The opinion of the court was delivered by: Chin, Circuit Judge
Defendant Johnny Martinez was convicted of one count of conspiracy to commit murder for hire pursuant to 18 U.S.C. § 1958 and one count of using and carrying a firearm during and in relation to a crime of violence pursuant to 18 U.S.C. § 924. He was sentenced to life plus 120 months in prison. Martinez now moves pro se pursuant to 28 U.S.C. § 2255 to vacate, set aside, or correct his sentence. For the reasons set forth below, the motion is denied.
In May 1998, a drug-distribution organization hired Martinez to kill two individuals (the "victims") suspected of stealing from the organization. (PSR ¶ 17). Martinez and three others agreed to murder the victims for $37,000. (PSR ¶ 18).
On May 26, 1998, Martinez and the other gunmen fired on the victims while they sat in their car at a traffic light, killing the first victim in the driver's seat and wounding the second victim in the passenger seat. (PSR ¶ 21). The second victim managed to escape. (PSR ¶ 22).
On September 25, 1998, Martinez was arrested by the New York City Police Department and charged with second-degree murder by the Bronx District Attorney's Office. (Tr. 626). He was released on bail and subsequently fled to the Dominican Republic. (Tr. 552, 625-26). After he had fled, Martinez was indicted on various federal charges. (PSR ¶ 1-4) Martinez was arrested in the Dominican Republic and extradited to the United States on January 22, 2003. Id.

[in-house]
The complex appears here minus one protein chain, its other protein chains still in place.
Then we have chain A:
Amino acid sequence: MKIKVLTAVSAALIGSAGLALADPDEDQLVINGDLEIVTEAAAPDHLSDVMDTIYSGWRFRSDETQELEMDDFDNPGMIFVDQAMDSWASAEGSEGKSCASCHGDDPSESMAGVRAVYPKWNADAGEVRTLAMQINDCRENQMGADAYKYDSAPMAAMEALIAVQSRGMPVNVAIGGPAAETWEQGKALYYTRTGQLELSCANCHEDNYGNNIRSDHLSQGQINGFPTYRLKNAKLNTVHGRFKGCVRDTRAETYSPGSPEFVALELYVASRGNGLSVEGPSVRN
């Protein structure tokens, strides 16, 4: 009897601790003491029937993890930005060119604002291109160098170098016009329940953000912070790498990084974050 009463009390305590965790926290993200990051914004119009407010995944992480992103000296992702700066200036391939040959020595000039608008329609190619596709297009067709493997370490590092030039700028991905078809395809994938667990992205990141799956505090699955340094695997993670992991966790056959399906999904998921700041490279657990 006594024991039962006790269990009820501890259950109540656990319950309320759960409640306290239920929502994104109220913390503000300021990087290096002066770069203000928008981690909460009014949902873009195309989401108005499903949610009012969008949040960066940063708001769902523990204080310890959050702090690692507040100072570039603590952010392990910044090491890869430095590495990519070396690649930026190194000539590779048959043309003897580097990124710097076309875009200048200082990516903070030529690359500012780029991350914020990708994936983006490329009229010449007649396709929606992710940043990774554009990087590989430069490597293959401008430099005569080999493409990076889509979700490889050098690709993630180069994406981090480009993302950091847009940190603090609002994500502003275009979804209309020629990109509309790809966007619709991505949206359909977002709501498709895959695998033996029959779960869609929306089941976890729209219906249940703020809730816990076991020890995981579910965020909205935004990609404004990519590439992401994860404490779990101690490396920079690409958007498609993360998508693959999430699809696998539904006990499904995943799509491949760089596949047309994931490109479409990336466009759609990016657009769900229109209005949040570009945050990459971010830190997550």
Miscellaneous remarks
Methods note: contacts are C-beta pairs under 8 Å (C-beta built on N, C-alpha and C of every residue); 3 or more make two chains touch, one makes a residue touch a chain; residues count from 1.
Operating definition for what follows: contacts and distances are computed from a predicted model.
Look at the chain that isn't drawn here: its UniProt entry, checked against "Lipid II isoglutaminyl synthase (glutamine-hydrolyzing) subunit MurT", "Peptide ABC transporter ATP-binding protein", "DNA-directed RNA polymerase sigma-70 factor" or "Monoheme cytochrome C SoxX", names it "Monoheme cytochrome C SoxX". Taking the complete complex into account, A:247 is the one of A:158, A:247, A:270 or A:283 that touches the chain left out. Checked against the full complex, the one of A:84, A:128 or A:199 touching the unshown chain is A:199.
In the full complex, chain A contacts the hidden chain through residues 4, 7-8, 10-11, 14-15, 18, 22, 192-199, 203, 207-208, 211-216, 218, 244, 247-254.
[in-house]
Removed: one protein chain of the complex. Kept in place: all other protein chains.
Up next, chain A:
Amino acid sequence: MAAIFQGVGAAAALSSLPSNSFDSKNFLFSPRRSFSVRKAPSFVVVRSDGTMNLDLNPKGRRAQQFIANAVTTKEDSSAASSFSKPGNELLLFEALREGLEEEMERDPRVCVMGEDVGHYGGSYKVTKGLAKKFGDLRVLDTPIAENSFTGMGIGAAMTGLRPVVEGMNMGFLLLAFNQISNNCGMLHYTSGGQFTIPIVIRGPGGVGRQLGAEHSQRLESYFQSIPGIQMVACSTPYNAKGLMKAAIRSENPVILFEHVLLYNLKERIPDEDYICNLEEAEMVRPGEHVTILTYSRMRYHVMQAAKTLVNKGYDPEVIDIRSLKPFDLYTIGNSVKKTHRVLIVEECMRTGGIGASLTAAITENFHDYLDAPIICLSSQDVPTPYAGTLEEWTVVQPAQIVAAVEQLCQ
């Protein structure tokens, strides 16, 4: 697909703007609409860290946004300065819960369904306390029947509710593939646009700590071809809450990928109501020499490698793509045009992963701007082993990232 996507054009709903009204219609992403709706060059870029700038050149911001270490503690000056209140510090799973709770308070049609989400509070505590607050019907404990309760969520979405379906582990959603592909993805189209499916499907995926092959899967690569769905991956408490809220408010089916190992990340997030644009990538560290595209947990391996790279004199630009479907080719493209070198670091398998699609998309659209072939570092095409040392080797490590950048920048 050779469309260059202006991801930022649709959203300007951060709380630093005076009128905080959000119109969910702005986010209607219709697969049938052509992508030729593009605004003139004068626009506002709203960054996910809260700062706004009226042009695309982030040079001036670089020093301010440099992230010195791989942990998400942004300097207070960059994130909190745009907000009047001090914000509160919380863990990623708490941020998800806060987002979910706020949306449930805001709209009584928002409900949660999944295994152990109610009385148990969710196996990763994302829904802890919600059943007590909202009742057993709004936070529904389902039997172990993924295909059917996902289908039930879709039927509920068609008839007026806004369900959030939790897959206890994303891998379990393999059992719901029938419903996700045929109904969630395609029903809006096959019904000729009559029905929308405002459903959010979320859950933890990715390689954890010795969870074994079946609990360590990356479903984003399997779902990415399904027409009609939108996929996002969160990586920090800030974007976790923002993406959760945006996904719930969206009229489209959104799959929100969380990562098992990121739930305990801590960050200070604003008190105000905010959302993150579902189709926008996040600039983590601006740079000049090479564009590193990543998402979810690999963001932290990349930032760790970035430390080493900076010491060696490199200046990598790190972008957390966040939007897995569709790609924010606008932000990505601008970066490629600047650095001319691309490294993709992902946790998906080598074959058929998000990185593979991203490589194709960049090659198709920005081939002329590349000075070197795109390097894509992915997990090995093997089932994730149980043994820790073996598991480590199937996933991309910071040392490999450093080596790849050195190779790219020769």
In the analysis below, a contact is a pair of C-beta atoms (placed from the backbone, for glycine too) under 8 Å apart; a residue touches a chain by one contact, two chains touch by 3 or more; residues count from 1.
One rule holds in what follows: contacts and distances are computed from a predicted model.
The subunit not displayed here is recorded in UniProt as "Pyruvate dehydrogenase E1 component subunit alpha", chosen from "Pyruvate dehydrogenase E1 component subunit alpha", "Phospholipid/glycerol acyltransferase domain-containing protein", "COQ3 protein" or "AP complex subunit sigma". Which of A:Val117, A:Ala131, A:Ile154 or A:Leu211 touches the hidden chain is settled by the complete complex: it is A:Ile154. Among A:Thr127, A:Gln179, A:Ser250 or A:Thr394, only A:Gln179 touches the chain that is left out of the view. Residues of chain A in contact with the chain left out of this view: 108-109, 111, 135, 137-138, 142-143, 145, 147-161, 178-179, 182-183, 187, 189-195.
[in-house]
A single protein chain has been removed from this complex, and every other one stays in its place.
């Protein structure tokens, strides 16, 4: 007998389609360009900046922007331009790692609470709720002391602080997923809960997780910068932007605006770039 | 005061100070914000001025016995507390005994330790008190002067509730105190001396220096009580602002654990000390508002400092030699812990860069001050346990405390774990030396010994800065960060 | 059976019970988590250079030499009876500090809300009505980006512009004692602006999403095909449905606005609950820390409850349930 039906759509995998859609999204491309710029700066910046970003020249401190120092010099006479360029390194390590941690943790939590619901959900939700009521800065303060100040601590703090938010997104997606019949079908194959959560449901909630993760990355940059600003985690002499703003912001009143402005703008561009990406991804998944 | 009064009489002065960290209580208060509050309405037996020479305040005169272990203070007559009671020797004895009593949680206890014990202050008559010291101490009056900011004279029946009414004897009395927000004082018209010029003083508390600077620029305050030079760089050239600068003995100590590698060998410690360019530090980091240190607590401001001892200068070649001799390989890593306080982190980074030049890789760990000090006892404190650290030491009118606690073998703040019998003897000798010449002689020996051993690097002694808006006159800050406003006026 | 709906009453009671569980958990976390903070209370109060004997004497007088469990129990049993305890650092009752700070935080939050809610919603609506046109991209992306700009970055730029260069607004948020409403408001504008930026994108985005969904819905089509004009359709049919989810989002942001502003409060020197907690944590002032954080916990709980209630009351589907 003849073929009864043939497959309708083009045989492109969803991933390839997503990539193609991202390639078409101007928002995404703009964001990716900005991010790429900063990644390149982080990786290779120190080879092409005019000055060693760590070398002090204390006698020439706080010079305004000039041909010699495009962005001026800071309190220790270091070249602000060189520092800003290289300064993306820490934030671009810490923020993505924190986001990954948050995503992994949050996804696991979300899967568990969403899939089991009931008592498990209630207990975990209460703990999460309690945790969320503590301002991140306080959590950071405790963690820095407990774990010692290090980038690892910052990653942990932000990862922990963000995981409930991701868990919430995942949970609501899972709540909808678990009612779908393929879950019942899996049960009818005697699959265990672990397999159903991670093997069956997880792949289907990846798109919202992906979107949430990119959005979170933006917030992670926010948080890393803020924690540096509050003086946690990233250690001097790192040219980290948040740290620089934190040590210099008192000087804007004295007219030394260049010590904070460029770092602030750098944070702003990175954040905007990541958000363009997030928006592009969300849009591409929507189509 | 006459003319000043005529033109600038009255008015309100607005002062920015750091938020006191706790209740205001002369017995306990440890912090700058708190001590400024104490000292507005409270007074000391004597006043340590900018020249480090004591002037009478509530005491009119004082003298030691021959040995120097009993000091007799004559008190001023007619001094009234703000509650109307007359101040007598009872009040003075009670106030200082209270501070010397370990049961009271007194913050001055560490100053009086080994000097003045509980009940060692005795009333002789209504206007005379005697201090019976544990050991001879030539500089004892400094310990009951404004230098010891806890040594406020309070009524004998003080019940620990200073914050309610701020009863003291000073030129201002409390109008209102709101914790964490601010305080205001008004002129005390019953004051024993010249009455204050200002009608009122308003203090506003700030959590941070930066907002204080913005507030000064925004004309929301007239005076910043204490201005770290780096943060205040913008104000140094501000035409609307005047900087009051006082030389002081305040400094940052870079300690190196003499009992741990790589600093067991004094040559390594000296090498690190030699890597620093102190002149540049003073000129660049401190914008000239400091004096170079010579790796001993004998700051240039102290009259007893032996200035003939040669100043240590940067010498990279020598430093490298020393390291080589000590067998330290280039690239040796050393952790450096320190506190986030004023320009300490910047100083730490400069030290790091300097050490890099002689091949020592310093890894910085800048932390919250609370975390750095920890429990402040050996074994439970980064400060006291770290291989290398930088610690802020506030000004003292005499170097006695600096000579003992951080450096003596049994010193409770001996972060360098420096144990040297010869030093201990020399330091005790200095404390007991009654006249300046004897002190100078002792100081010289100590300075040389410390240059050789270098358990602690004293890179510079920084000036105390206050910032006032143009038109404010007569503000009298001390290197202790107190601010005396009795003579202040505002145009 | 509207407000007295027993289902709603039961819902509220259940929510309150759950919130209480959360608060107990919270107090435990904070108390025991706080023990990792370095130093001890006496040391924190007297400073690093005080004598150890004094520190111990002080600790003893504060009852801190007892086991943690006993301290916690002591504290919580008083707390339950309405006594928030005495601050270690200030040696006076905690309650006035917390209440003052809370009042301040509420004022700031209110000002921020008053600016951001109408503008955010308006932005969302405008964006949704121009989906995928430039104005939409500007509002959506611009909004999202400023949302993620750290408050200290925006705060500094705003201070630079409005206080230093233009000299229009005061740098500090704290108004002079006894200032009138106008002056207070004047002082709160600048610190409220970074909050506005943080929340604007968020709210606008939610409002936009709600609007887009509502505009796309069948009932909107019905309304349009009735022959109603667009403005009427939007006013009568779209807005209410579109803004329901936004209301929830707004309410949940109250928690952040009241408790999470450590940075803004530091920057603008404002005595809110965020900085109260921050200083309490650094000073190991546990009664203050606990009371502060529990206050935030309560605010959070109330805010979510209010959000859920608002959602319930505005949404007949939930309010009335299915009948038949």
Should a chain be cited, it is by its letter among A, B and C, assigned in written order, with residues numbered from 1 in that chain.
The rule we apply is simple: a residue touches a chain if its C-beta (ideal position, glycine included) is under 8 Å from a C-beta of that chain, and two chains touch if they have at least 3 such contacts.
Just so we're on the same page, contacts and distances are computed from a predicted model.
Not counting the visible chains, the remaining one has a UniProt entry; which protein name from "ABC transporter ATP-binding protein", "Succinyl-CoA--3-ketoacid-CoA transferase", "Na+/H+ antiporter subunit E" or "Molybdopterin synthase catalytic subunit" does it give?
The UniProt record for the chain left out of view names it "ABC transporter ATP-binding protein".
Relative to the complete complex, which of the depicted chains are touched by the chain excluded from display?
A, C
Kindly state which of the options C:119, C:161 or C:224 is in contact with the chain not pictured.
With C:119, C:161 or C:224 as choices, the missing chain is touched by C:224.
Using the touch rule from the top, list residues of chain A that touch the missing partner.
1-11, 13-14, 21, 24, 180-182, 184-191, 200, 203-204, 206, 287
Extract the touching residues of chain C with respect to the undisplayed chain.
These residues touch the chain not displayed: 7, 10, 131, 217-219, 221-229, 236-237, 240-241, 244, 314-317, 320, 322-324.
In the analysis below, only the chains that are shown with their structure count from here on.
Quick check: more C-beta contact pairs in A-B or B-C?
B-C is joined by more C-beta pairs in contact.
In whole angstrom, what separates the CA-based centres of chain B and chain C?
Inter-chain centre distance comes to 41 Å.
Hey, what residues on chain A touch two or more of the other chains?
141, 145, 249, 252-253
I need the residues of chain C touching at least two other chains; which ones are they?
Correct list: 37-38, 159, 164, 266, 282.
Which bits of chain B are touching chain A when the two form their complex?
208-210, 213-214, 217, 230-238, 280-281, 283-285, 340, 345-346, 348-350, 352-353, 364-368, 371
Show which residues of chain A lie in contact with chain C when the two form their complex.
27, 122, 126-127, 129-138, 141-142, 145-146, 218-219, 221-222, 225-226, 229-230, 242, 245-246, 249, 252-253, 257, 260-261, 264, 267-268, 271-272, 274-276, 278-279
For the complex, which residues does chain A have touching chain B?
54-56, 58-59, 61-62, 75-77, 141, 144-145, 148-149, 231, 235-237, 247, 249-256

On September 9, 2003, a jury found Martinez guilty of one count of conspiracy to commit murder for hire pursuant to 18 U.S.C. § 1958 and one count of using and carrying a firearm during and in relation to a crime of violence pursuant to 18 U.S.C. § 924. United States v. Banks, 464 F.3d 184, 185 (2d Cir. 2006). On February 3, 2005, I sentenced Martinez to a term of imprisonment of life on the first count plus a mandatory consecutive term of 120 months on the second count. (2/3/05 Judgment).
On appeal, Martinez challenged his conviction on three grounds. Banks, 464 F.3d at 185. First, he argued that the Government's use of certain guilty pleas and post-arrest statements violated his right to confront witnesses pursuant to Crawford v. Washington, 541 U.S. 36 (2004). Id. Second, he asserted that the district court did not properly consider the requisite sentencing factors. Id. Finally, Martinez argued that because his sentence exceeded thirty years, it violated an extradition agreement between the United States and the Dominican Republic. Id. The Second Circuit rejected Martinez's arguments and affirmed his conviction on September 12, 2006. Id.
The United States Supreme Court denied Martinez's petition for certiorari on October 1, 2007. Martinez v. ...